After satisfying myself that the rebuilt engine was well settled down once more, I ran a suitable series of test props. Running qualities proved to be first-class, with no tendency to misfire or sag at any time. Fair enough, but what really did surprise me was the engine's performance! Even allowing for the fact that I had applied a few tweaks, I have to say that the results far exceeded my highest expectations, to the extent that I actually went back and rechecked most of the props just to make sure that I had been reading the tachometer correctly! All re-checked figures were within 50 or so RPM of the initial readings. The readily reproducible and hence confirmed results obtained are shown in the following table along with the derived power curve.
The two WB props in the above list are wide blade items created by cutting down larger props to fill several torque absorption gaps in my test set. I still seem to be missing an intermediate airscrew between the two 8x4 props! Looks as if I should trim the 8x4 WB prop a little more and then re-calibrate it.
The above figures represent a truly astonishing performance for a 1970's radially-ported diesel of basically mid 1950's design. I clearly missed the peak, but the engine appears to develop around 0.364 BHP @ 14,400 RPM. As I stated earlier, I was so amazed by these figures that I went back and re-did most of the props just to be sure, getting more or less the same readings on each prop. I know that the engine is tuned, but I'm not that talented a tuner - the basic design and construction must be pretty sound. The engine is also very well run in, having been used for some years by Vivek Sharma in his own models. That probably accounts for some of the engine's outstanding performance.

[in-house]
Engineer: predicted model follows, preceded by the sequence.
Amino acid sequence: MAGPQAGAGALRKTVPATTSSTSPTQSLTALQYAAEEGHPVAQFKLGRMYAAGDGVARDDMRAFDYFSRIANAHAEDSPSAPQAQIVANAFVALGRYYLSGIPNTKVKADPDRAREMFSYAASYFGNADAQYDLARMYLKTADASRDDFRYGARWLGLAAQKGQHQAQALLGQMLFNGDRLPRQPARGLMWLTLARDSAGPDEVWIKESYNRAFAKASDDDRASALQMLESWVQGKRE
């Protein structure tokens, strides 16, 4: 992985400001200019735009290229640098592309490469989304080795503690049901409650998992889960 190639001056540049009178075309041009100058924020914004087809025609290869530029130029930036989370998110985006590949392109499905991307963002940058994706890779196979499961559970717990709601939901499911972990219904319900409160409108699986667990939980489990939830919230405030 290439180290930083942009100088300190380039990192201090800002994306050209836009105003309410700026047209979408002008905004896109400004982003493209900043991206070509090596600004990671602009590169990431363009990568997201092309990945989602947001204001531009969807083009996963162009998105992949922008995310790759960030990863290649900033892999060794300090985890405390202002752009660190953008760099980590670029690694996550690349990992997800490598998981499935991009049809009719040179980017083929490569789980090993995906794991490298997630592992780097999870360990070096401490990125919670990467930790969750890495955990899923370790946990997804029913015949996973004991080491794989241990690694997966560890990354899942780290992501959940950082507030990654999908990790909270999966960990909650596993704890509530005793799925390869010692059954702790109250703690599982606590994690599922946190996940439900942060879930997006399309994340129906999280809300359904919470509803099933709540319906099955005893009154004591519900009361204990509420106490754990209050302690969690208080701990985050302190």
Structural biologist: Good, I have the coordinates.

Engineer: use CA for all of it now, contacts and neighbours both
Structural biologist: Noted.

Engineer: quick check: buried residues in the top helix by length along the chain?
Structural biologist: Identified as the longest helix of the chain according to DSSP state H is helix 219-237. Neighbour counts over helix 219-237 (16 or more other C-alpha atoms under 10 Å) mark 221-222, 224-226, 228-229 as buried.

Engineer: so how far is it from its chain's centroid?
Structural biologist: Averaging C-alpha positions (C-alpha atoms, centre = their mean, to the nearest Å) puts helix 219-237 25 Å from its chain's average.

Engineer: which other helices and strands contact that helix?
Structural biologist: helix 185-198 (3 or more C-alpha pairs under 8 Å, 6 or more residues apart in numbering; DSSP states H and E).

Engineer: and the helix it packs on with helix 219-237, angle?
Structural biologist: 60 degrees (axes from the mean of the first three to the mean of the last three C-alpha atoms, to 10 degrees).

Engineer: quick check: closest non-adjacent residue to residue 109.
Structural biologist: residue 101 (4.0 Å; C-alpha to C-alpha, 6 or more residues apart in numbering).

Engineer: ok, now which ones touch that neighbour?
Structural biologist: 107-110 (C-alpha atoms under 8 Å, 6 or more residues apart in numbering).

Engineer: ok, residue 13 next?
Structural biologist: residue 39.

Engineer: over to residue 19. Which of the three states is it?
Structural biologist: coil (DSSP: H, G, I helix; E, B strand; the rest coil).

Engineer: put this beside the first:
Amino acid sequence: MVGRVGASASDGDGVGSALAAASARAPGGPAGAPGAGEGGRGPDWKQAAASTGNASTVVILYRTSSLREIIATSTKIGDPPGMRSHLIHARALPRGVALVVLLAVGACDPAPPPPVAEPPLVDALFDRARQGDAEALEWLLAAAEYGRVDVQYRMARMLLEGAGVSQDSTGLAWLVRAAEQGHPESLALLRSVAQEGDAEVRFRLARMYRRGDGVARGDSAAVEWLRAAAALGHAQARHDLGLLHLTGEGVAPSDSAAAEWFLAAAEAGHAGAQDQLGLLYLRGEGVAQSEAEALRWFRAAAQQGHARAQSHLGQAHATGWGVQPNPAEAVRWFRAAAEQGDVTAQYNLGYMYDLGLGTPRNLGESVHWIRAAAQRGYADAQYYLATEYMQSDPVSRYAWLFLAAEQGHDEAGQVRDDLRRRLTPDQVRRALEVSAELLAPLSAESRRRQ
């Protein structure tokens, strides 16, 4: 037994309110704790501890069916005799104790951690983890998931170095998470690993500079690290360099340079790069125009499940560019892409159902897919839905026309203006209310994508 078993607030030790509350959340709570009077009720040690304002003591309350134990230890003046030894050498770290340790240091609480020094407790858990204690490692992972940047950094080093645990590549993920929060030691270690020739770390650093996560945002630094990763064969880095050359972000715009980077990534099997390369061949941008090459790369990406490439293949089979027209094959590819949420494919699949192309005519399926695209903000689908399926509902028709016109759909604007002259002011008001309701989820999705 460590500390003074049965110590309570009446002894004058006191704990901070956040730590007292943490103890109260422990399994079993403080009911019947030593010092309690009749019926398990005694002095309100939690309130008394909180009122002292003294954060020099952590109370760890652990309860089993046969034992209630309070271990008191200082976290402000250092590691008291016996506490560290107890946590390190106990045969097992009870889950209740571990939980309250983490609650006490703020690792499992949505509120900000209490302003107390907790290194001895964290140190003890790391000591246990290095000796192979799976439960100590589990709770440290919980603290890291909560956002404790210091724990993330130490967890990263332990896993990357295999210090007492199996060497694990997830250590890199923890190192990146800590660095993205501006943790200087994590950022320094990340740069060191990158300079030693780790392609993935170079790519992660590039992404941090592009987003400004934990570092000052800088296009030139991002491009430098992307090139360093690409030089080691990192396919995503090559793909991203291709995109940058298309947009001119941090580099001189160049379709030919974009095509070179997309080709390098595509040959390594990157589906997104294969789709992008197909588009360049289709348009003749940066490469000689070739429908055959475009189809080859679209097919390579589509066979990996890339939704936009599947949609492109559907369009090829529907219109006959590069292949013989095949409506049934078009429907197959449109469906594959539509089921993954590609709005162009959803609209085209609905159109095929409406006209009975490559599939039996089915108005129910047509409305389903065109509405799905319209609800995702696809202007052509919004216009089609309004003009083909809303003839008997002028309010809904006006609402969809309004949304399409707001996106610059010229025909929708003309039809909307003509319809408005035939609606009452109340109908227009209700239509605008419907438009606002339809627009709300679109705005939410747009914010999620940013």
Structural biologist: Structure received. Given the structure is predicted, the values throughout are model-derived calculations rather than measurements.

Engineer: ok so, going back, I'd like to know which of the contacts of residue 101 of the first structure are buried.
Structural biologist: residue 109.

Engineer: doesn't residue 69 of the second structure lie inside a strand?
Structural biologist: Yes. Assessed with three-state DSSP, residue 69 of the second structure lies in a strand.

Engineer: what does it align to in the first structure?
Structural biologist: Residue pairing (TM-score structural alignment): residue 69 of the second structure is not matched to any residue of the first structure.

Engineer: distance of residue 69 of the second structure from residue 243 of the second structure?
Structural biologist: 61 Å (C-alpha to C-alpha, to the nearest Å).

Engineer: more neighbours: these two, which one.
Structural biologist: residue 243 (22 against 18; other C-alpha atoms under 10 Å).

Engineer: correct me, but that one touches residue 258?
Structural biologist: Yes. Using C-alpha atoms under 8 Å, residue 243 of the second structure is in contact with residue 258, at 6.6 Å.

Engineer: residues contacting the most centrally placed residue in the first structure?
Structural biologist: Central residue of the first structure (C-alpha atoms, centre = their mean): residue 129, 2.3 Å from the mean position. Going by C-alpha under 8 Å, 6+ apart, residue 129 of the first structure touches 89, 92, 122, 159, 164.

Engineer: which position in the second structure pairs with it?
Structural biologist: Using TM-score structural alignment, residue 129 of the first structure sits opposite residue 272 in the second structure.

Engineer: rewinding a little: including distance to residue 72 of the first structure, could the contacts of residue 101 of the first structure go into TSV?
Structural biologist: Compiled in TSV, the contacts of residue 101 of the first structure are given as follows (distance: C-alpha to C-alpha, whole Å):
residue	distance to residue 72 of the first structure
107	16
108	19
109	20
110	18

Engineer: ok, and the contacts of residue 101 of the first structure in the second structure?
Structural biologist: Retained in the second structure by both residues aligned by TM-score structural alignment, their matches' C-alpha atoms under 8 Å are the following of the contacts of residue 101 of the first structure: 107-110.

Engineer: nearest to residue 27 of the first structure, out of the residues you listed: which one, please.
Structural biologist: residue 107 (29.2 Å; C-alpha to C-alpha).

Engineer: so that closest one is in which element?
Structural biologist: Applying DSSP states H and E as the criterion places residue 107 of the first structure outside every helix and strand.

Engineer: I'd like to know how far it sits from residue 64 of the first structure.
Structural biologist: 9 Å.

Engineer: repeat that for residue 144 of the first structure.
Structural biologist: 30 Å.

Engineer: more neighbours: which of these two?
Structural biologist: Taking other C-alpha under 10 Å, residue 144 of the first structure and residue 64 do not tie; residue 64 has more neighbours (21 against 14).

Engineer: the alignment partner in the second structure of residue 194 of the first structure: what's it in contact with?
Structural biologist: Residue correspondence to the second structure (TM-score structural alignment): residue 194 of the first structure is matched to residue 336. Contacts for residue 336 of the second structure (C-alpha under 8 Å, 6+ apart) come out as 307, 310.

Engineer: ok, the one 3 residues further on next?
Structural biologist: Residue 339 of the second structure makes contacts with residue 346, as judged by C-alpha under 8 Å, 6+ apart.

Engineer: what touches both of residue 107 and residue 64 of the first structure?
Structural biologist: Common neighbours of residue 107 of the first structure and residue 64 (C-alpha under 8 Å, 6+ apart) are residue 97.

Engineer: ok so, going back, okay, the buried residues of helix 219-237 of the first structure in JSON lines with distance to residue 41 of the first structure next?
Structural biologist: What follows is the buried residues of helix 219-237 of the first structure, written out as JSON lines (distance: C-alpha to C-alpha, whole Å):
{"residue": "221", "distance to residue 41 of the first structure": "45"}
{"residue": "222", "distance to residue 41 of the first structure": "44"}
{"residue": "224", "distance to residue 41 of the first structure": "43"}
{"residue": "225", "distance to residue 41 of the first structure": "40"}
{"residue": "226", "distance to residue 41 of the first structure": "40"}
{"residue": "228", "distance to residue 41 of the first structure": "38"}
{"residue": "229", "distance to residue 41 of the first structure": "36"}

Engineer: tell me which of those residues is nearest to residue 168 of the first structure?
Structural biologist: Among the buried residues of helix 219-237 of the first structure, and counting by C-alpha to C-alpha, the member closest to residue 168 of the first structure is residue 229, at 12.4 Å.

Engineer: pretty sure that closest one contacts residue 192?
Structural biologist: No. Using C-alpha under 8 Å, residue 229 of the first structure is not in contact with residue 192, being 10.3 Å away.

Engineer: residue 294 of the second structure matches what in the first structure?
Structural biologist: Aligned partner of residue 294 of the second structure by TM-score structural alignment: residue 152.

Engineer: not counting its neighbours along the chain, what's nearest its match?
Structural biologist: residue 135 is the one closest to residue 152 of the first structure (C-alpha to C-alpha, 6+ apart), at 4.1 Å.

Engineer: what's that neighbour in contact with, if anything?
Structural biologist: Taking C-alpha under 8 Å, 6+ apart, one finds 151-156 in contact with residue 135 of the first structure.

I'm sure that there will be readers who will doubt the veracity of the above results. All I can say is - if you're ever in my area, let's get together and we'll repeat the test! I have no doubt at all that the above results are readily reproducible at any time.
The Sharma 15 Glow-Plug Model on Test
As mentioned earlier, it's not widely known that the Sharma company made a couple of glow-plug models over an eight year period extending from 1988 to 1996. These models were offered in .15 cuin (2.5 cc) and .23 cuin (3.77 cc) displacements. Both C/L and R/C models were produced to a basically identical design.
As with the previously-tested 1970's diesel model, the Sharma glow-plug motors never reached the export market in any numbers. As a result, they are very seldom encountered outside india today. However, thanks once again to the great kindness of my valued friend Mr. Vivek Sharma, a completely original and highly servicable example of the .15 C/L glow-plug model was made available to me for retrospective evaluation and test.
This example had been assembled from a combination of left-over components plus a newly-made one-off piston/cylinder assembly. Consequently it was quite tight as received, requiring a full break-in prior to testing. All fits as supplied were beyond reproach apart fom the previously-noted tightness.